What we have here is T&V Limoges Art Nouveau "Mucha" style portrait charger. Chargers are elaborately decorated, usually oversized plates used to dress up a formal table setting; they are removed just prior to the meal being served. This charger is 10.5" in diameter and depicts Ozma, the kind and immortal Princess and rightful ruler of Oz, from L. Frank Baum's Land of Oz series. The back of the charger has a green T&V logo and is signed "To Kate from KC Brown Xmas 1905"; it is also signed on the front. The charger has a textured brown border, a row of blue and green tassels and finials against a pale pink background, and a dramatic side view portrait of the princess, framed by a gold border, in the center. The charger is detailed both with enamelling and hand-painting.
If a picture can tell a thousand words, then L. Frank Baum would have been most pleased with KC Brown's handiwork on this charger! According to Baum's description of Ozma in The Marvellous Land of Oz (published on July 5, 1904): "Her eyes sparkled as two diamonds, and her lips were tinted like a tourmaline. All adown her back floated tresses of ruddy gold, with a slender jeweled circlet confining them at the brow." Ozma of Oz, pictured here on the left, was published on July 29, 1907, and was the third book in the Oz series.
In addition to the charger's subject matter, it also has a very interesting background. It is made by T&V Limoges, which stands for Tressemanes & Vogt. This company had offices in New York City and Limoges, France and manufactured and imported high quality whiteware for export to the USA through the late 19-teens. The company is still doing business today under the name Reynaud Porcelain. In addition, the plate is described as being in the "Mucha" style. Mucha refers to Alphonse Mucha (1860-1939), a Czech painter and artist, who was very influential in creating the early 20th century "Art Nouveau" style. You can see a portrait of Mucha from 1906 here on the left. Typical features of Mucha's work, usually done in pastel colors, included beautiful young women in flowing robes, often surrounded by lush flowers which sometimes formed halos behind their heads.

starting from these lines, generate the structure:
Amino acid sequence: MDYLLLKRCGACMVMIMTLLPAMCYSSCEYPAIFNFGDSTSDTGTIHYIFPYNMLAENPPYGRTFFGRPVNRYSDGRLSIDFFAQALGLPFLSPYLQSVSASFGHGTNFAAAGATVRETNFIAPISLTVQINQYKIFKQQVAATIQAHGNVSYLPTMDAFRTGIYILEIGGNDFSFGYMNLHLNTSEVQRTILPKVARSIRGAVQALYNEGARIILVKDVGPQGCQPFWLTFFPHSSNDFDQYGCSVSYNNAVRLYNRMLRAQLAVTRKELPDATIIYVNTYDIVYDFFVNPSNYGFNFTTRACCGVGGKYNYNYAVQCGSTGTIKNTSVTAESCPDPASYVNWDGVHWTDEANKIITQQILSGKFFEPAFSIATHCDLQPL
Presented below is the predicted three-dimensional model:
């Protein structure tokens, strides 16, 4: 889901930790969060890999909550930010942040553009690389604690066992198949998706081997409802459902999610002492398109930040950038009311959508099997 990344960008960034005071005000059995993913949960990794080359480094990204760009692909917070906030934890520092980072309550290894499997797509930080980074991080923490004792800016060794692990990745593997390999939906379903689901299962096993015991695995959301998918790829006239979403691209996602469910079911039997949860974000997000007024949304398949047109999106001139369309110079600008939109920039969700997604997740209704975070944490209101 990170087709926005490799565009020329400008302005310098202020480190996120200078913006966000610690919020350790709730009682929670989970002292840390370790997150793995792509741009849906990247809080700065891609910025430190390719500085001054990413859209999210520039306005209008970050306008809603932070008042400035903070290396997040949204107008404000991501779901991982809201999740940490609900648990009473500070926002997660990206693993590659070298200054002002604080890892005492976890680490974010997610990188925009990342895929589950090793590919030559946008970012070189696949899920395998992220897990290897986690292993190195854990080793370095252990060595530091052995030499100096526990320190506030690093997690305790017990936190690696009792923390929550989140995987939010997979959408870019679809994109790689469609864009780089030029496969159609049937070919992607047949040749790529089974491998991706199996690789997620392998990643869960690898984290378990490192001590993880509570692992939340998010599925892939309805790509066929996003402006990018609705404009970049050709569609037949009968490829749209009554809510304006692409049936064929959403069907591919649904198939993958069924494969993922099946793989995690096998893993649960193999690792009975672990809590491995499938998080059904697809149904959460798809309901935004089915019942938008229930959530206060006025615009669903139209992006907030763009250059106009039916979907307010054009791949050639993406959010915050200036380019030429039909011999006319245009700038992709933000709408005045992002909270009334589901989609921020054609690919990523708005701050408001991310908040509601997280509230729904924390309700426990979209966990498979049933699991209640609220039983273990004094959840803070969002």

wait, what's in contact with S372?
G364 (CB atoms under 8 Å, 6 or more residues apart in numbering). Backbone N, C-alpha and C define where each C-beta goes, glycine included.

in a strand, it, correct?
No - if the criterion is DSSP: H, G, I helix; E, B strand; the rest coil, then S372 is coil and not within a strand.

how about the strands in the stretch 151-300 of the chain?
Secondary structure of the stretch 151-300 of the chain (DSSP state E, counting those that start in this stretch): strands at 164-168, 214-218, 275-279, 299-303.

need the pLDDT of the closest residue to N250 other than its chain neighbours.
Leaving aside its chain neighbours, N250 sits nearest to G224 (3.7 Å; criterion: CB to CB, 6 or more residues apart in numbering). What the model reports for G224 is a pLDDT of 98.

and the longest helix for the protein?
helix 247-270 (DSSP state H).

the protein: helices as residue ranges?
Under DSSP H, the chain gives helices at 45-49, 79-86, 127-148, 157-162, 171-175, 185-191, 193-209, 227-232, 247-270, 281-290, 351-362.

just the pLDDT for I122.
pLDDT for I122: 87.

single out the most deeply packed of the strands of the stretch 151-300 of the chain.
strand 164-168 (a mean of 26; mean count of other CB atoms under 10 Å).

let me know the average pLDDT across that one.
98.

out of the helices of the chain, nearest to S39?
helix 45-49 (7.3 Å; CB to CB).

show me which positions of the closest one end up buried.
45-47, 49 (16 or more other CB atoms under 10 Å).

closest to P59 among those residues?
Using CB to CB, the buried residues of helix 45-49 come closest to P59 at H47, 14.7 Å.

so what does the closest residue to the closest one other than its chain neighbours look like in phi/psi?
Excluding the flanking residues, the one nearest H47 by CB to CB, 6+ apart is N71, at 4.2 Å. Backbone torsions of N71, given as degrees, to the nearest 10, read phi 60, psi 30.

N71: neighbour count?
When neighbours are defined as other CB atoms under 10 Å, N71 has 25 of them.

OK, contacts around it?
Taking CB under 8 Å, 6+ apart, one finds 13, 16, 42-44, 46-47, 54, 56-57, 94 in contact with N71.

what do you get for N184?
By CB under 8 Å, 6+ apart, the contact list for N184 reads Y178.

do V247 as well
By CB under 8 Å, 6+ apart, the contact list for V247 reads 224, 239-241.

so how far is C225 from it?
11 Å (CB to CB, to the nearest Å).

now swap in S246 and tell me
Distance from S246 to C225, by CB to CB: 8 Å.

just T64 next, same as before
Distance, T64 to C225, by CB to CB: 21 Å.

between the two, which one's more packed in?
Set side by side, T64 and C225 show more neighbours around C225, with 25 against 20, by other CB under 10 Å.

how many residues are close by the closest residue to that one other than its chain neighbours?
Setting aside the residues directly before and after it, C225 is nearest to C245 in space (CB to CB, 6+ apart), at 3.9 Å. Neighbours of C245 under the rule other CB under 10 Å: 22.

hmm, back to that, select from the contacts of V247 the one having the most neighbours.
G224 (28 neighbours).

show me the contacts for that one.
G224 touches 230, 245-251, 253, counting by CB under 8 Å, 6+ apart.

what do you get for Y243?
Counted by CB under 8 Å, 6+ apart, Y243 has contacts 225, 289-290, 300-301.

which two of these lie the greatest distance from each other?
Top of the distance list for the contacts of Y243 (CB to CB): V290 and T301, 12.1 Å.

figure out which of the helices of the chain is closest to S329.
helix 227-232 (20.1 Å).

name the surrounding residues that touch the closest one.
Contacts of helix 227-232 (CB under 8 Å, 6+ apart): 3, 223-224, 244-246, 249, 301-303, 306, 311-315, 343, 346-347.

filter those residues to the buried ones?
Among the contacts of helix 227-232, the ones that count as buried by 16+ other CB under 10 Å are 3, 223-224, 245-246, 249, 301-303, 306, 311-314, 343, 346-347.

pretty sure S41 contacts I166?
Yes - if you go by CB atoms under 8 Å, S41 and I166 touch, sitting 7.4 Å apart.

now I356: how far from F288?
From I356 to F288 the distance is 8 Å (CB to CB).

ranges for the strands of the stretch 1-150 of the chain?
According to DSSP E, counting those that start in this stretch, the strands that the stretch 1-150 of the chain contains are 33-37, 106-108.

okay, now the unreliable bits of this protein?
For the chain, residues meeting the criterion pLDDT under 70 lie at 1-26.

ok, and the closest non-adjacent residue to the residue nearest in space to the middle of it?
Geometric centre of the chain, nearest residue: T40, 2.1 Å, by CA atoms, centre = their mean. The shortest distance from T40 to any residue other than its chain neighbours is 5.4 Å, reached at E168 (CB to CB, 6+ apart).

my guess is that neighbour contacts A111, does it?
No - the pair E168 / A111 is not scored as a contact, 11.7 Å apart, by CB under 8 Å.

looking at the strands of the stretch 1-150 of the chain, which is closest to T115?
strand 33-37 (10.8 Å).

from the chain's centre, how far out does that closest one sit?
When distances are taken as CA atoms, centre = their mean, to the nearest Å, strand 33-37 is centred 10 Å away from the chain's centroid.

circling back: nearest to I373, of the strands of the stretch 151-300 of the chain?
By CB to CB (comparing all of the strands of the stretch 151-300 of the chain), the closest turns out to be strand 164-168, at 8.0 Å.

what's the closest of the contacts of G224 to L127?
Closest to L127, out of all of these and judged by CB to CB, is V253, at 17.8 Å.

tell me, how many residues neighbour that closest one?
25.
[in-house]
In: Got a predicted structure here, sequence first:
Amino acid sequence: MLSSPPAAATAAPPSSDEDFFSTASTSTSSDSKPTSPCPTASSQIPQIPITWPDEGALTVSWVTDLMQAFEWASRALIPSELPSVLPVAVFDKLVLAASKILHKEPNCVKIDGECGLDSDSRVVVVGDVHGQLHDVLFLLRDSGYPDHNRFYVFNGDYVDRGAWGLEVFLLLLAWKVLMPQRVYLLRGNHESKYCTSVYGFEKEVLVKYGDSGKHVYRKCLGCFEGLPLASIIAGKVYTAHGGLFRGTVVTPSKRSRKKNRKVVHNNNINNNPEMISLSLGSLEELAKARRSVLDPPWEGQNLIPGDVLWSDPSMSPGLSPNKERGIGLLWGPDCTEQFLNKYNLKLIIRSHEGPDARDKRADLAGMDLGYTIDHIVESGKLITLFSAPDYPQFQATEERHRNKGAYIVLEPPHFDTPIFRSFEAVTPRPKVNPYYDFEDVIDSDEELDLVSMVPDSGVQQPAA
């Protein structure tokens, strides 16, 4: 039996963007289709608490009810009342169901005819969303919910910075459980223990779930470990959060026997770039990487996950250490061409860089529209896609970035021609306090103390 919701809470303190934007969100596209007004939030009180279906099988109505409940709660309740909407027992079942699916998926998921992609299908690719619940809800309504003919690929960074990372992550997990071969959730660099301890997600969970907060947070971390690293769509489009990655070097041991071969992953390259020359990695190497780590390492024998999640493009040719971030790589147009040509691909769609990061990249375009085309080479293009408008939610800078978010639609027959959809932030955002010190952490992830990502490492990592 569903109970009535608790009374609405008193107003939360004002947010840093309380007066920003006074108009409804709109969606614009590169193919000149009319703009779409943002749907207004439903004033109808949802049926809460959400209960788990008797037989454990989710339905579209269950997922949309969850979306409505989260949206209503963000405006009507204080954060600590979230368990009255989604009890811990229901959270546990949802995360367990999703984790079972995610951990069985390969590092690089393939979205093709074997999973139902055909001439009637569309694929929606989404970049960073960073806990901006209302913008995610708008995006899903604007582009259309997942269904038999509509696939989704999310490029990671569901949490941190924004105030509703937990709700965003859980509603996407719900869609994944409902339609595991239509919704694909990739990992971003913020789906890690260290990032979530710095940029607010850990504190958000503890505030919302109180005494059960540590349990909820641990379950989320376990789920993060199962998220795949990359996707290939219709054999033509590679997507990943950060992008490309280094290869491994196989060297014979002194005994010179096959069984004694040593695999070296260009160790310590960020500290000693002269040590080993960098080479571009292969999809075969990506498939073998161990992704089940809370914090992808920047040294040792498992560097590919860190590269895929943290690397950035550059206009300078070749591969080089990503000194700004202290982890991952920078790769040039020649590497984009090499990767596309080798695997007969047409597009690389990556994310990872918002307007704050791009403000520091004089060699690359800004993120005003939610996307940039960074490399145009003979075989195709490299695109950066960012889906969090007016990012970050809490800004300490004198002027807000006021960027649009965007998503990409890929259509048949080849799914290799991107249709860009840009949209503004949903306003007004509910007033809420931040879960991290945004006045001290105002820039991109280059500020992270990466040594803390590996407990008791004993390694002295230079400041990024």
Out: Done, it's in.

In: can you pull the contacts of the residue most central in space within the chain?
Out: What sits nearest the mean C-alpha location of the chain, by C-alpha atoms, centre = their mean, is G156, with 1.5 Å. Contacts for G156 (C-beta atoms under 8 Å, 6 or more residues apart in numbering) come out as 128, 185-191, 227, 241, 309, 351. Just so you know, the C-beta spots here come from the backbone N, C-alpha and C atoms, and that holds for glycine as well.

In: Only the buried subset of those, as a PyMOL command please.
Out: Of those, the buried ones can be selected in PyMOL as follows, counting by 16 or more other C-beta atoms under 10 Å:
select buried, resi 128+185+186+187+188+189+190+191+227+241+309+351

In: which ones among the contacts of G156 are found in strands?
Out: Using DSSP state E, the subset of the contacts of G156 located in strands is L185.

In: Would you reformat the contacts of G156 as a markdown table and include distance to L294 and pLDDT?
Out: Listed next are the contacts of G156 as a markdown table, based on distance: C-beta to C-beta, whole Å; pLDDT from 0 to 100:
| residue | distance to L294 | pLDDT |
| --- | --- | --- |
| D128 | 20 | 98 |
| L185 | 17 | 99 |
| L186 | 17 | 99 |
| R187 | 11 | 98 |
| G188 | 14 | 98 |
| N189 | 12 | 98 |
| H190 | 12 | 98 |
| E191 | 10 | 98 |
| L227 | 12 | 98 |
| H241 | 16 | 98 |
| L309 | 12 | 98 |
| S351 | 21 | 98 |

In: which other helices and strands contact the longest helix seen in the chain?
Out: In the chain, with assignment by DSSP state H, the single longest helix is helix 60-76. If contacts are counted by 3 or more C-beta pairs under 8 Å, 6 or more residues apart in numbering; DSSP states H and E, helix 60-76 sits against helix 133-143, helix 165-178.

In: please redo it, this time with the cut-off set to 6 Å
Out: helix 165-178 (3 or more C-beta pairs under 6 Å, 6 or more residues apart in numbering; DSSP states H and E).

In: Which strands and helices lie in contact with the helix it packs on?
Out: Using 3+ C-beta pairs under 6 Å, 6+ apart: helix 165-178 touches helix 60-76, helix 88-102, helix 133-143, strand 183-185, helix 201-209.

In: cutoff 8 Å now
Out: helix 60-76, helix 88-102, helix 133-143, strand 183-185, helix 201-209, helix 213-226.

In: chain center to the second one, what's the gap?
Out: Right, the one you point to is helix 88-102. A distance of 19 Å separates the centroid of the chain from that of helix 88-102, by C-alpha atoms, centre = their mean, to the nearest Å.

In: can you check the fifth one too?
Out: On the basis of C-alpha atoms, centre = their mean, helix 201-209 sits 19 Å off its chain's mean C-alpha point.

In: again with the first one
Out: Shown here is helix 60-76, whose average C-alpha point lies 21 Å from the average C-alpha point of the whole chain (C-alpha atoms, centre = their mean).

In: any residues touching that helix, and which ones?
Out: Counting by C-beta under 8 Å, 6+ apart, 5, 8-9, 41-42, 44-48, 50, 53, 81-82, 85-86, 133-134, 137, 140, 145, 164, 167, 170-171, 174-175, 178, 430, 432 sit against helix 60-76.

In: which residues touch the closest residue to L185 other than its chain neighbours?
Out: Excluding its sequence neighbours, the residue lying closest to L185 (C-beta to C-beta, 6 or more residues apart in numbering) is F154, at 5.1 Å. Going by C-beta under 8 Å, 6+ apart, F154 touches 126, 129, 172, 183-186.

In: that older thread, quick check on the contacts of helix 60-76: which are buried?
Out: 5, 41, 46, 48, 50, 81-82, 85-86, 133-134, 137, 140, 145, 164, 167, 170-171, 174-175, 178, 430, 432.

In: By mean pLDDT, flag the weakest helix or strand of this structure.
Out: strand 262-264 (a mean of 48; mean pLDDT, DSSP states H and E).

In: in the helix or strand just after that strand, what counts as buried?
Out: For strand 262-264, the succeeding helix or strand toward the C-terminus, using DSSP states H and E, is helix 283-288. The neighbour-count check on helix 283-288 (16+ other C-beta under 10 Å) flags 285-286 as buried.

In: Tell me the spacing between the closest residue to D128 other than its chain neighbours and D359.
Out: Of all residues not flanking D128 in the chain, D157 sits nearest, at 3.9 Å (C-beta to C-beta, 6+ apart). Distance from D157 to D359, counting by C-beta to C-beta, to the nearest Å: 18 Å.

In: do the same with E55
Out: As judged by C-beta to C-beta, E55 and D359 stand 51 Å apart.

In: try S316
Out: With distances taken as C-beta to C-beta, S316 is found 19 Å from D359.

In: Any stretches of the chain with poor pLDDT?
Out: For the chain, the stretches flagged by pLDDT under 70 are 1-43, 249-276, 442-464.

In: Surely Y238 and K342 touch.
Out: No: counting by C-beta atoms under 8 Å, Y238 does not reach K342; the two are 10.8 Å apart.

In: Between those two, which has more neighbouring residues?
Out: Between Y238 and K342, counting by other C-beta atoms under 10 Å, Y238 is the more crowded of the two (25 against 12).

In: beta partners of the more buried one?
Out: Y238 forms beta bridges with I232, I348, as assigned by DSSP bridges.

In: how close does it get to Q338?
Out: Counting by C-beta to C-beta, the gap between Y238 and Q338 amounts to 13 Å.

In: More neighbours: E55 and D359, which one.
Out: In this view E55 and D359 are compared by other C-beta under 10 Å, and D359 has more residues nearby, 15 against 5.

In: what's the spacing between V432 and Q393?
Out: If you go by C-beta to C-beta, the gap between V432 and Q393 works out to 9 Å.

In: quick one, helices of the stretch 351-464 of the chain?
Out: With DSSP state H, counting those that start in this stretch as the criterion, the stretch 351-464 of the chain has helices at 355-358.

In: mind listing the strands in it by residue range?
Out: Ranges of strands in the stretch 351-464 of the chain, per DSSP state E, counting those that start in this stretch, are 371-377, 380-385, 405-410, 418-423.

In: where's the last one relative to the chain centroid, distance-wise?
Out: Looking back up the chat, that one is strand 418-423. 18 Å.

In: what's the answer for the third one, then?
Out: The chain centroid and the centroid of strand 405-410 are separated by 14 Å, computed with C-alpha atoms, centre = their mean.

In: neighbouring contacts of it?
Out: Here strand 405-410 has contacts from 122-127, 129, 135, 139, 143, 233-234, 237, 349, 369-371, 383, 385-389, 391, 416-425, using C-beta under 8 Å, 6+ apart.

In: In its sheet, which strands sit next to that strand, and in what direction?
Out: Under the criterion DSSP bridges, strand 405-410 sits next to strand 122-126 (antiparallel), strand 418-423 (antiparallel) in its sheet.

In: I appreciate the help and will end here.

As for the closing credits for this wonderful tale, I would like to thank David Weidner and Jared Cilley of Dark Flowers Antiques for sharing this remarkable charger with us. Dark Flowers Antiques specializes in Art Nouveau, Art Deco, and Arts and Crafts Porcelain and Pottery, mainly pieces of European origin sent to North America as blanks and painted in the US and Canada. The store's criteria? The owners will not buy or sell anything they would not mind keeping themselves. David and Jared are regular dealers at New England Antique Shows throughout the year and sell online at http://www.rubylane.com/shops/darkflowers. Contact them at firstname.lastname@example.org if you are interested in the charger featured in this column.
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